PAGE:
Resembling slap-dash Texan carnies, Woodenbox With A Fistful of Fivers immediately appeal. They’ll possibly balk at the comparison, but imagine the Rumble Strips with less Dexy’s, more Morricone and a touch of Rawhide and you’re close to the essence of their rootin’ tootin’ sound.
Midway through their set, First Aid Kit thank the audience for being “so quiet and peaceful”, before hastily adding “we don’t mean that ironically!” Sarcasm would have been understandable, but despite a rowdy bar occasionally encroaching upon their subtle instrumentation their anything-but-delicate voices ring affectingly clear throughout. A cover of Donavan’s Universal Soldier succinctly encapsulates their charms, its naïve sentiment and winsome melody underscoring the Swedish duo’s wide-eyed allure while emphasising their crystalline vocals. A muted miniature freak-out from Johanna at the end, meanwhile, foregrounds the playfulness just beneath their surface earnestness.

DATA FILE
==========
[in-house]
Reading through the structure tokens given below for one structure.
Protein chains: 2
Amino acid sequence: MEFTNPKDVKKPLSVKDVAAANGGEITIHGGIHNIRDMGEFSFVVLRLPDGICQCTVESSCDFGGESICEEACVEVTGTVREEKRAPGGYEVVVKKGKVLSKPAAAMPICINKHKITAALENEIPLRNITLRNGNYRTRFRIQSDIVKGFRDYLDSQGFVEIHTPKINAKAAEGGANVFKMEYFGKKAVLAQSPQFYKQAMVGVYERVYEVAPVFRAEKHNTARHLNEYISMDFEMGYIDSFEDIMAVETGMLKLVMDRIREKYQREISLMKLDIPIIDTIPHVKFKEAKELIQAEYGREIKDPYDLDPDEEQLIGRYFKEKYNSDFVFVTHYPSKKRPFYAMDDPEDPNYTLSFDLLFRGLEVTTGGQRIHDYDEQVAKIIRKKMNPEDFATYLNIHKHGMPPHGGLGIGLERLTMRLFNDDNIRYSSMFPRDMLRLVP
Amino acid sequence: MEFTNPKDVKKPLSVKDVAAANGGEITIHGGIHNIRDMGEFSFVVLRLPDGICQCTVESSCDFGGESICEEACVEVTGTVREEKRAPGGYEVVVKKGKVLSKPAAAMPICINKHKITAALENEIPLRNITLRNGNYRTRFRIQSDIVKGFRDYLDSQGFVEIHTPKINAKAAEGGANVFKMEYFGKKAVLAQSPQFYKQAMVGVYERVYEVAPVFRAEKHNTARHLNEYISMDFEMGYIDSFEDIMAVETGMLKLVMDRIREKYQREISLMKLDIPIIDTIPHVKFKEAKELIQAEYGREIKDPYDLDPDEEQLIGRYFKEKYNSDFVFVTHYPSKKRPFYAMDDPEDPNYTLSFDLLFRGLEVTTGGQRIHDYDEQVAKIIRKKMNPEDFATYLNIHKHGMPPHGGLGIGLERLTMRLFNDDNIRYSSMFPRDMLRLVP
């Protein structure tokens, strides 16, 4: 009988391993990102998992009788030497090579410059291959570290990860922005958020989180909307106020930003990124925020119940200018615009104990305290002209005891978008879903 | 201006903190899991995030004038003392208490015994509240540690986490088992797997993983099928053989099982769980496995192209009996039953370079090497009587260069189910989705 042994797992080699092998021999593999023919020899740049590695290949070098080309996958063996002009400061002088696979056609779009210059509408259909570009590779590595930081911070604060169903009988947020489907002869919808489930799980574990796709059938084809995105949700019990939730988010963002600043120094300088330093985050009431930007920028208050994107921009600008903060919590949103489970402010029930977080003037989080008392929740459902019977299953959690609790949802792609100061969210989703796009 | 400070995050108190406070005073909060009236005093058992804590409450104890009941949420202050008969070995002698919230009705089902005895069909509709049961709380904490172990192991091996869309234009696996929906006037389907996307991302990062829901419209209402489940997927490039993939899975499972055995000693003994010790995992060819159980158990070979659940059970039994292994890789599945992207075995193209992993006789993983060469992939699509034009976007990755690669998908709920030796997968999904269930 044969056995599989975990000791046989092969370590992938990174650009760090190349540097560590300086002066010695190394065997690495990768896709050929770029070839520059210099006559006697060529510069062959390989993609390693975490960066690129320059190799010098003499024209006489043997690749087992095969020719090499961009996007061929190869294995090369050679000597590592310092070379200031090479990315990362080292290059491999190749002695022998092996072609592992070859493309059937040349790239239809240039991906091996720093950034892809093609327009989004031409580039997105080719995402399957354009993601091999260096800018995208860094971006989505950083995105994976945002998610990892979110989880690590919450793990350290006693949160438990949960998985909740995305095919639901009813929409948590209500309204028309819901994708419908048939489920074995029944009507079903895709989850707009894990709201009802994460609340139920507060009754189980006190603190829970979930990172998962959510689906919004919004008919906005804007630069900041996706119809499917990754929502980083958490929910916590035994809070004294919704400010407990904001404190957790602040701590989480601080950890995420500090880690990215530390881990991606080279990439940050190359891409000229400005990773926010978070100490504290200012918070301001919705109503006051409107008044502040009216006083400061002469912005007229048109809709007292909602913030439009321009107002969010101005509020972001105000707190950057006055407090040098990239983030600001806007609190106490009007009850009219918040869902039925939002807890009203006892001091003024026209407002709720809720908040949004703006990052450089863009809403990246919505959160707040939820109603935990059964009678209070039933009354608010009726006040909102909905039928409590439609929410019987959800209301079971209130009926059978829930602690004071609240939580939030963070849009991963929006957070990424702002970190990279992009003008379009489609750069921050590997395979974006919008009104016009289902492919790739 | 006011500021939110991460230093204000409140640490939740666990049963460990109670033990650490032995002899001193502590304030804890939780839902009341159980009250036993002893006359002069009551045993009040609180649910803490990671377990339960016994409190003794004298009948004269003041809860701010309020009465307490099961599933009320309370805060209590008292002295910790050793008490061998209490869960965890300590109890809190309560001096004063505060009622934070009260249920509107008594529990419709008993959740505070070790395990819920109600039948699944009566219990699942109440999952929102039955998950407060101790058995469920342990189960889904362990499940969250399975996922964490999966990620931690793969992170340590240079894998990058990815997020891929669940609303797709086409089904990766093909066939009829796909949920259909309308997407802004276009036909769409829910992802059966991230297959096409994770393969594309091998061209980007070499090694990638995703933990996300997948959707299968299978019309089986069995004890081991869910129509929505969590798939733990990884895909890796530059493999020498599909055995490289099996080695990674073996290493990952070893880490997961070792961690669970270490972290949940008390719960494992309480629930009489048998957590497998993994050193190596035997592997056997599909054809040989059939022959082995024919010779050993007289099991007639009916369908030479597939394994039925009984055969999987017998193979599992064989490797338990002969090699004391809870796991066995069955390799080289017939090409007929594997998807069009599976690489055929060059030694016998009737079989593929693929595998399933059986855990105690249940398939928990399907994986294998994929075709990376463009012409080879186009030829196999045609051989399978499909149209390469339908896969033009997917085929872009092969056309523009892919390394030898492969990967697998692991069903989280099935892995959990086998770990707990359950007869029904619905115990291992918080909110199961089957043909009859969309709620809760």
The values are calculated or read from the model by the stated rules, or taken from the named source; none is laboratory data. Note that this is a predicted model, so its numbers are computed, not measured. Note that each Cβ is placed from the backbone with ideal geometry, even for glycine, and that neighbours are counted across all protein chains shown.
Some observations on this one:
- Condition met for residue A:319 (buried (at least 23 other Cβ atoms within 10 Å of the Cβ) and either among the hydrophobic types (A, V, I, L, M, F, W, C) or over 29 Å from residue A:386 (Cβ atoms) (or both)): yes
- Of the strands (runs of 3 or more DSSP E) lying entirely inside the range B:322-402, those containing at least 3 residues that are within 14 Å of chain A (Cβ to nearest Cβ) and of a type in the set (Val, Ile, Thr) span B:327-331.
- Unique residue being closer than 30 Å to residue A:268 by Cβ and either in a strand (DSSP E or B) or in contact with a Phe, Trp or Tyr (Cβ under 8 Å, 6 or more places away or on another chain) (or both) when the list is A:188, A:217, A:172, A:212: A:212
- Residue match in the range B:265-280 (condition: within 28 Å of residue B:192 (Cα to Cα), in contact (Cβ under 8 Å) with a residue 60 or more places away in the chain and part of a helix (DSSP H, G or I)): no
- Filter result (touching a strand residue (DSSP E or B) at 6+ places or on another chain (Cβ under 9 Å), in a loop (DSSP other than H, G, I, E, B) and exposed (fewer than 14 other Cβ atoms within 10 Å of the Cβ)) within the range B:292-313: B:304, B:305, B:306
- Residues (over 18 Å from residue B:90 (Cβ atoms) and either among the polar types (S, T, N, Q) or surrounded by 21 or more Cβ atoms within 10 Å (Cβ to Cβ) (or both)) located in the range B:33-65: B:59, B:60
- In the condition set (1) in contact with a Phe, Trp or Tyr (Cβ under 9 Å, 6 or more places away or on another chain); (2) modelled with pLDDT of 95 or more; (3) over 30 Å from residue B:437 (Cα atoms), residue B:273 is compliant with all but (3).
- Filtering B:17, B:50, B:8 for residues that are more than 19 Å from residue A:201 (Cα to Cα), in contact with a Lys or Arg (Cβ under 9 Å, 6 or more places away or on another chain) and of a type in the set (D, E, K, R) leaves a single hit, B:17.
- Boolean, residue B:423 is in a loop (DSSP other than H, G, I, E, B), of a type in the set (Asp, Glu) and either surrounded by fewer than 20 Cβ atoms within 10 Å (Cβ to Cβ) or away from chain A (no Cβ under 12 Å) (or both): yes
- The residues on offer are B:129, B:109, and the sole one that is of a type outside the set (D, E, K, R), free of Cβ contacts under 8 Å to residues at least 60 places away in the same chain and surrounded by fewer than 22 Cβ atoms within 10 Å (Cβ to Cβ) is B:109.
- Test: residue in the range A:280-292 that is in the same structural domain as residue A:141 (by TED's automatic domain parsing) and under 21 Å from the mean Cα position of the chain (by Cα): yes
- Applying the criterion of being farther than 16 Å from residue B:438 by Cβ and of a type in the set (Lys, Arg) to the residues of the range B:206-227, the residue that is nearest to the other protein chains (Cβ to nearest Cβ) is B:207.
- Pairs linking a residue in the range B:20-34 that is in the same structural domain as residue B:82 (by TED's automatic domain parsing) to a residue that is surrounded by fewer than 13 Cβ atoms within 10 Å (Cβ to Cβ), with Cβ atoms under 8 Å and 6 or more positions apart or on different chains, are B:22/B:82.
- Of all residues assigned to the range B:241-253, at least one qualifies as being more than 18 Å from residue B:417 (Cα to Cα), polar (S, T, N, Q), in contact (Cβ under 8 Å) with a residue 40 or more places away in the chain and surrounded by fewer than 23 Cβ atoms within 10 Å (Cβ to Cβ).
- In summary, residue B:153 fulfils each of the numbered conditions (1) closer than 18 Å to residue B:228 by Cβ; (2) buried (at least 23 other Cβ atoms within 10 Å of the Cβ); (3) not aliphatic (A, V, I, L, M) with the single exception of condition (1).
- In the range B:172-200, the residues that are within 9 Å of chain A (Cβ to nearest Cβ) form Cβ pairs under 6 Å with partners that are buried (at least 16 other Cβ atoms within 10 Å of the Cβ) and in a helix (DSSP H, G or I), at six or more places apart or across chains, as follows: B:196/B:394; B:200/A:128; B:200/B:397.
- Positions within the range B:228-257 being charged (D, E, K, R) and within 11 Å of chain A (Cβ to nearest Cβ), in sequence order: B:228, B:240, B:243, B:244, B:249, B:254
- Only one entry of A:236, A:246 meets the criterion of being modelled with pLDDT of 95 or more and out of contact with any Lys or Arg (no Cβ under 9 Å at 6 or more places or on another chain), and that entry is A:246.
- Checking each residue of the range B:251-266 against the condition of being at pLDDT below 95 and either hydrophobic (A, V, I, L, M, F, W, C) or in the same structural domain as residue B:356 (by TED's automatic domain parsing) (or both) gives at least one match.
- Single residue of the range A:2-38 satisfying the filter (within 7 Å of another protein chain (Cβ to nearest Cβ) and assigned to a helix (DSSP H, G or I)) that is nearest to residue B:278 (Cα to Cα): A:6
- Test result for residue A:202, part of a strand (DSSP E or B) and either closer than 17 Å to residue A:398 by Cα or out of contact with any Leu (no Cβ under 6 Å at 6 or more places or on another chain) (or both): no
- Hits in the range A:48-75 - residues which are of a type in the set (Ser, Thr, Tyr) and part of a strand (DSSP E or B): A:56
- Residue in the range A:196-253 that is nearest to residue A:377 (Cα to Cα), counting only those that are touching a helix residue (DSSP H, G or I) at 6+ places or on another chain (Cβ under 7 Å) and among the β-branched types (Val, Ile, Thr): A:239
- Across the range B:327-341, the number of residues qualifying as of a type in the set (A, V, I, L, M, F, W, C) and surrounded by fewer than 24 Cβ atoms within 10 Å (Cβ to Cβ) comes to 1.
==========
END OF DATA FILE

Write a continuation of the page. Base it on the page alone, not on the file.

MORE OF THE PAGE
Fanfarlo are less successful at dissipating their own cloud of earnestness, though there’s plenty else to enjoy. Despite several members jostling for space, their ambitious compositions - topped with singer Simon Balthazar’s emotively reedy vocals - are remarkably cohesive and cogent. But there’s the rub: for long stretches, Fanfarlo rest on plateaus rather than scaling the peaks their multi-instrumental ‘epic-indie’ sub-genre offers, pleasant rather than proselytising. But though they may not climb as high as might have been hoped tonight, they share the same widescreen vistas as their contemporaries without succumbing to self-importance, and songs like Luna have a tuneful vibrancy that more than makes up for lulls elsewhere.